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UDV
03-29-2008, 09:49 PM
This is my latest project.

I got a bit of Honey from a supplier who was trying to sell it out so this is how I am going to use it

5 Pounds Buckwheat Honey
5 Pounds Wildflower Honey
3 Pounds Blueberry Honey
2.5 Pounds Wildflower Honey (different Supplier)
1.37 Pounds generic Honey (all he had left)
2 packets of 1168
2 tablespoons fermax.
1 ounce of Phoenix hops pellets
1 ounce of Goldings Hops pellets
1/2 ounce of Sweet Orange Peel.

The 1.37 Generic also is very crystallized and has to be boiled.

The plan is to boil that 1.37 crystallized in 2 gallons of water for about 15 to 20 minutes until it's clear. Then boil for 15 more minutes with the hops and orange peel and then put this into a prepared carboy with the rest of the honey and 3 gallons of water. I will then top it off with water, and shake the bejesus out of it, and the airlock it and pray.

Any thoughts? I won't have an Initial gravity until I put it in the carboy, so I will post that later.

I also saw an old post about what to do with old yeast. I have like 8 or 9 old packages of red star that has long since expired. I took this yeast and boiled it for 25 minutes to ensure the yeast die and I will be including them in the pitching as well. This is a cheap and dirty way to get yeast hulls?

skunkboy
03-29-2008, 10:29 PM
The two 1 gallon batches I made having boiled the hops were overly bitter to my tastes. I have been
meaning to try running another gallon batch, and dry hopping it instead.

UDV
03-29-2008, 11:53 PM
The two 1 gallon batches I made having boiled the hops were overly bitter to my tastes. I have been
meaning to try running another gallon batch, and dry hopping it instead.


I'll keep it in mind. I forget what silly book I read that mentioned a tiny bit of hopping helped out, so i only left them steeping for 10 minutes, and not fifteen.

Still brewing :)

UDV
03-30-2008, 12:06 AM
Temperature at putting into Carboy -91F
SG - 1.088

I fear I'm right at the maximum.

Can someone convert that to the right measurement, because the math to get to the 'real' temp at 60 always confuses me.

wayneb
03-30-2008, 12:34 AM
I personally don't like a hopped mead; I don't mind hops in a braggot, where there will be enough complex sugars left behind to act as a counterpoint to the bitterness. But with all the sugars in honey fermentable, the combo of dryness and hop bitterness may be a bit overwhelming. But as always, YMMV.

And your equivalent SG at 60F is about 1.092.

UDV
03-30-2008, 05:15 AM
Somehow I ended up having an overage, the 2 gallons i boiled didn't fit in the carboy so I threw that into a sterile [edit: sanitized] 1 gallon jug with some 1168 and a pound of whole-foods-loves-you-cheap-special honey. I'm sure it's going to be awfully weak.

A weird thing. Both the carboy and the one gallon jug have this weird greenish tinge. Is that just from the hops?

skunkboy
03-30-2008, 11:31 AM
Yeah, if you didn't add anything else with a color to it, your must will almost certainly be green from the
hops. You definitly want to keep this out of the light, or you will get a light reaction with the hops, and
skunk, wet cardboard smell.

UDV
03-31-2008, 01:15 AM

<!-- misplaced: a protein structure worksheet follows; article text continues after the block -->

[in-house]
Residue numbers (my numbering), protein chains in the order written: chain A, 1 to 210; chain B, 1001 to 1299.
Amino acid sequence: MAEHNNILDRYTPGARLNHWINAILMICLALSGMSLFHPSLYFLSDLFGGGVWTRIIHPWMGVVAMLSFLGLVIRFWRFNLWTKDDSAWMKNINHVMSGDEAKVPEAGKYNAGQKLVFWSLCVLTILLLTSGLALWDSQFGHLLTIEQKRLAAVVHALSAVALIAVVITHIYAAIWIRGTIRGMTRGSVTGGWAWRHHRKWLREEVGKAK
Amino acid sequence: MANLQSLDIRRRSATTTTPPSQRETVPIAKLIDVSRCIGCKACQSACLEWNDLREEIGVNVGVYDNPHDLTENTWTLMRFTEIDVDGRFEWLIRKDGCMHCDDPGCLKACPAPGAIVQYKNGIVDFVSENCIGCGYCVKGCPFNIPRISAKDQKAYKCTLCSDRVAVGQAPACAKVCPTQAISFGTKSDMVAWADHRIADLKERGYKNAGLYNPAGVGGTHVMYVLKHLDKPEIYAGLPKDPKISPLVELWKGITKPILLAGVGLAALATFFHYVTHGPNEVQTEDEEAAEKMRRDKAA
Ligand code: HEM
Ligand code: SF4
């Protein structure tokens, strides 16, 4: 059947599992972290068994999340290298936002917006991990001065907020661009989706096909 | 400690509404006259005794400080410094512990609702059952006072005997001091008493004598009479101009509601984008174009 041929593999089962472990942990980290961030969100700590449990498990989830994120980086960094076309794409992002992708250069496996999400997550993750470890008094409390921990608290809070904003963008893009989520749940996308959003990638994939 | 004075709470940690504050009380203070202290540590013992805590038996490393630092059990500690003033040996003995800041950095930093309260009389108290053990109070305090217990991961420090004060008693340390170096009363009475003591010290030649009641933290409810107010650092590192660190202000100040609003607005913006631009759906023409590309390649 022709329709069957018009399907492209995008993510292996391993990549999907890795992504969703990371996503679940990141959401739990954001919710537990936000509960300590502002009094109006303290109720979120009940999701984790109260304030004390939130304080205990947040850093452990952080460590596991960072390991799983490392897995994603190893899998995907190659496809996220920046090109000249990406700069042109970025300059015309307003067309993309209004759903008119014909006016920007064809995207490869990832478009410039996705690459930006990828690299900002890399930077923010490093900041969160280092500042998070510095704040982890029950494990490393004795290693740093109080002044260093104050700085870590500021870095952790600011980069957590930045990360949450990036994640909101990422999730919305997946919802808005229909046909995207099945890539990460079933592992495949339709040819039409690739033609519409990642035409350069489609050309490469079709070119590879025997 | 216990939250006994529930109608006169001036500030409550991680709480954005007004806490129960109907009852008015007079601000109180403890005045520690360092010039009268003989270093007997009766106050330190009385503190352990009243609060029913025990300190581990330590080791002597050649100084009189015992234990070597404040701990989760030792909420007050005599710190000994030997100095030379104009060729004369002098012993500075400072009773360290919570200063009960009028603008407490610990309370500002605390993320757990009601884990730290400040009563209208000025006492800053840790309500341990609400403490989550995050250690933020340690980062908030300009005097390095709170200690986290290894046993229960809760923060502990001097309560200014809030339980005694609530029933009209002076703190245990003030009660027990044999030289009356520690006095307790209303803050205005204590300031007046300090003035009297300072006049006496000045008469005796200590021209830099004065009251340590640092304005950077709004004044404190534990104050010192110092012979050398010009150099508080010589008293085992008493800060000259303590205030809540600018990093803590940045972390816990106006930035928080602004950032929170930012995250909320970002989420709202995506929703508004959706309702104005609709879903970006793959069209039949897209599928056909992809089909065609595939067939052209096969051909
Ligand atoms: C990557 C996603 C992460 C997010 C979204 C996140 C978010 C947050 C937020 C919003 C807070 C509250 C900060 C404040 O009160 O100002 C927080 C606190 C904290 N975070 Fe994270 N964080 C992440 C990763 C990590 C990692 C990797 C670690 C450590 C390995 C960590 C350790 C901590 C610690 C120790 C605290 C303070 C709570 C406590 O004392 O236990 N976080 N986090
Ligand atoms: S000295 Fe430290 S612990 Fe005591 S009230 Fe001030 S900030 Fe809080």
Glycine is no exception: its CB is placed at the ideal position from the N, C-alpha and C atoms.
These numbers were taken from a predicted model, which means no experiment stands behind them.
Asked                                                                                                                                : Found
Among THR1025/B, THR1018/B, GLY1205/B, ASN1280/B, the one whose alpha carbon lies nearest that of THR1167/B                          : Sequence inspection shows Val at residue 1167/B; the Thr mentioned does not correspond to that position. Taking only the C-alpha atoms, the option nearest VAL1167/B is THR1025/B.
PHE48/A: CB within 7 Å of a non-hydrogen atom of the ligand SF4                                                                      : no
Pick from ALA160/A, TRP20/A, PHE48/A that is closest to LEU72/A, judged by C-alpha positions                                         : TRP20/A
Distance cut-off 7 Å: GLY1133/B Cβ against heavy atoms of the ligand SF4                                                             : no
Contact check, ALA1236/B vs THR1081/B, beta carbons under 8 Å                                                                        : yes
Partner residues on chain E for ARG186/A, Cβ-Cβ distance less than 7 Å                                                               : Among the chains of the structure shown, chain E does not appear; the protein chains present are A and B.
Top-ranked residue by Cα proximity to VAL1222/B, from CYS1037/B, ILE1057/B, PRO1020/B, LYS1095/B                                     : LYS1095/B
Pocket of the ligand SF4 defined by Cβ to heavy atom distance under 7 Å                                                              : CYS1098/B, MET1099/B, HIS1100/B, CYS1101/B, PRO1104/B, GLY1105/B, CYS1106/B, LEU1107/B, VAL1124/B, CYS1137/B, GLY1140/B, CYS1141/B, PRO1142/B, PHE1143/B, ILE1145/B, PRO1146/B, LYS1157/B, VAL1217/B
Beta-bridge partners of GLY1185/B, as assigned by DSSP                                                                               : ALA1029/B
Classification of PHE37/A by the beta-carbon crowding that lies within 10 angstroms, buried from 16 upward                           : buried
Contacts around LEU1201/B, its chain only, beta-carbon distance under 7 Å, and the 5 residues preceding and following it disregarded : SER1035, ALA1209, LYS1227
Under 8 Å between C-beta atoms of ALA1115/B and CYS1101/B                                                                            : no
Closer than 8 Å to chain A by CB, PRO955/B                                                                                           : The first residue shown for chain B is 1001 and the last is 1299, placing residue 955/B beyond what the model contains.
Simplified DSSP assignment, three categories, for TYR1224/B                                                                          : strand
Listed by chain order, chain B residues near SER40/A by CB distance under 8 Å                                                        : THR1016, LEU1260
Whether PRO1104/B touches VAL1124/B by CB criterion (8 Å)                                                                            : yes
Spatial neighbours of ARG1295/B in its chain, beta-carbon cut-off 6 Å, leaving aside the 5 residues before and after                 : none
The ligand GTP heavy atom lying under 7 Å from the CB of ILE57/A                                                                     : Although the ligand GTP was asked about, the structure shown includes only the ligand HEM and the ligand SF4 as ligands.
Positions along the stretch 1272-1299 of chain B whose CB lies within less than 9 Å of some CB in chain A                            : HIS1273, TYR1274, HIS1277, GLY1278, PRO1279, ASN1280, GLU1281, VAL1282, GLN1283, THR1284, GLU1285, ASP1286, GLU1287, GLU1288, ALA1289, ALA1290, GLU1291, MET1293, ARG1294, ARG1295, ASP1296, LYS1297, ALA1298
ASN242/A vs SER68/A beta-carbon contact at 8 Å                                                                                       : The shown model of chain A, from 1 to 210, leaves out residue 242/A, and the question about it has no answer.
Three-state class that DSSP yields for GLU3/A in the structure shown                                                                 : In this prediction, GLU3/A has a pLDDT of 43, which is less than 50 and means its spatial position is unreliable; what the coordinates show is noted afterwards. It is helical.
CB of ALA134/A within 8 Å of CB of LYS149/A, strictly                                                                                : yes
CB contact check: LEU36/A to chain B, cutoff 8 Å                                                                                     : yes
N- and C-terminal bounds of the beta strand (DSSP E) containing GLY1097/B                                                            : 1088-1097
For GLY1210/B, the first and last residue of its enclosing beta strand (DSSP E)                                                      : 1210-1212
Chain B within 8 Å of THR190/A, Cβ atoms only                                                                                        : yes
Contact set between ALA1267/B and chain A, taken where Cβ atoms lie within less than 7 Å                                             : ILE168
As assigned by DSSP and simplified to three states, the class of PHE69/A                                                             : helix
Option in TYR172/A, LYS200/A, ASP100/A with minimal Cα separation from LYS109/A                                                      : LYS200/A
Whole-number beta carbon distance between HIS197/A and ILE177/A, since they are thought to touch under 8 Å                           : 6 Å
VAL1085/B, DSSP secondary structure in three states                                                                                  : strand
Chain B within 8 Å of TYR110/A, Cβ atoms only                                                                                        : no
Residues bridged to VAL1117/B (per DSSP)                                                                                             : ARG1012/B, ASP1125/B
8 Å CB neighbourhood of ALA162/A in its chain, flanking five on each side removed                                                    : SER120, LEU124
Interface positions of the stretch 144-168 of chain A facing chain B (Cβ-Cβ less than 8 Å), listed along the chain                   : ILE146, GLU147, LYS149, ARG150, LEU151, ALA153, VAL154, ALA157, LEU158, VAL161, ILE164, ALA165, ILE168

Yeah, if you didn't add anything else with a color to it, your must will almost certainly be green from the
hops. You definitly want to keep this out of the light, or you will get a light reaction with the hops, and
skunk, wet cardboard smell.


It's in a darkened basement. I only have the light on when I check it. Even a fluorescent light is enough to damage it if it's on long enough? The color has levelled out a bit and it's mostly cyanish-yellow tinted now.

Even in the finished product light-safety will be an issue?

wayneb
03-31-2008, 01:19 PM
Light-safety is forever an issue with anything that includes hops in the recipe. The organic acids in hops will break down in the presence of near-ultraviolet light. Sunlight, most fluorescent, mercury vapor and other "high efficiency" light sources all emit some near-UV. Even incandescents do, although it is so little as to usually not be a problem. But that UV breakdown results in "skunky" flavors and aromas that are not enjoyable, and not removable. So make sure you bottle this one in dark brown glass, and store away from bright light sources.

UDV
04-03-2008, 05:04 PM
Well.

My lees stirrer came in, and I think I botched a bit using it.

I stirred it for five minutes and all the white foamy head that was on it is now gone. It's still bubbling and the airlock is going.

What exactly is the foamy head? I was going under the impression that it was healthy and it seems to be all mixed up in the must now. How often do I have to be aerating it? It's a little scary as far as aeration goes!

SG at 1.080 at 72 degrees in the carboy. So it's down a bit. Does this sound about healthy?

I also added one teaspoon of Fermaid K, and I think I may have done this sort of wrong, as it was too soon, and I'm not at the first breakpoint, or am I?

UDV
04-14-2008, 11:39 PM
Update:

The 1 gallon splitter of this batch finally fermented clear.

It's a luscious gold color. The SO describes it as a hoppy, very dry beer. Almost like a watery beer. This was mostly because it was the leftover that didn't fit into the 5 gallon carboy. Total time to clear was a little over a month.

It had a decent mouthfeel, and it was very alcoholic. It's almost drinkable, and I'm contemplating, should I back backsweeten this, or let it go as is, and bottle it for the sake of being my first 'finished' mead?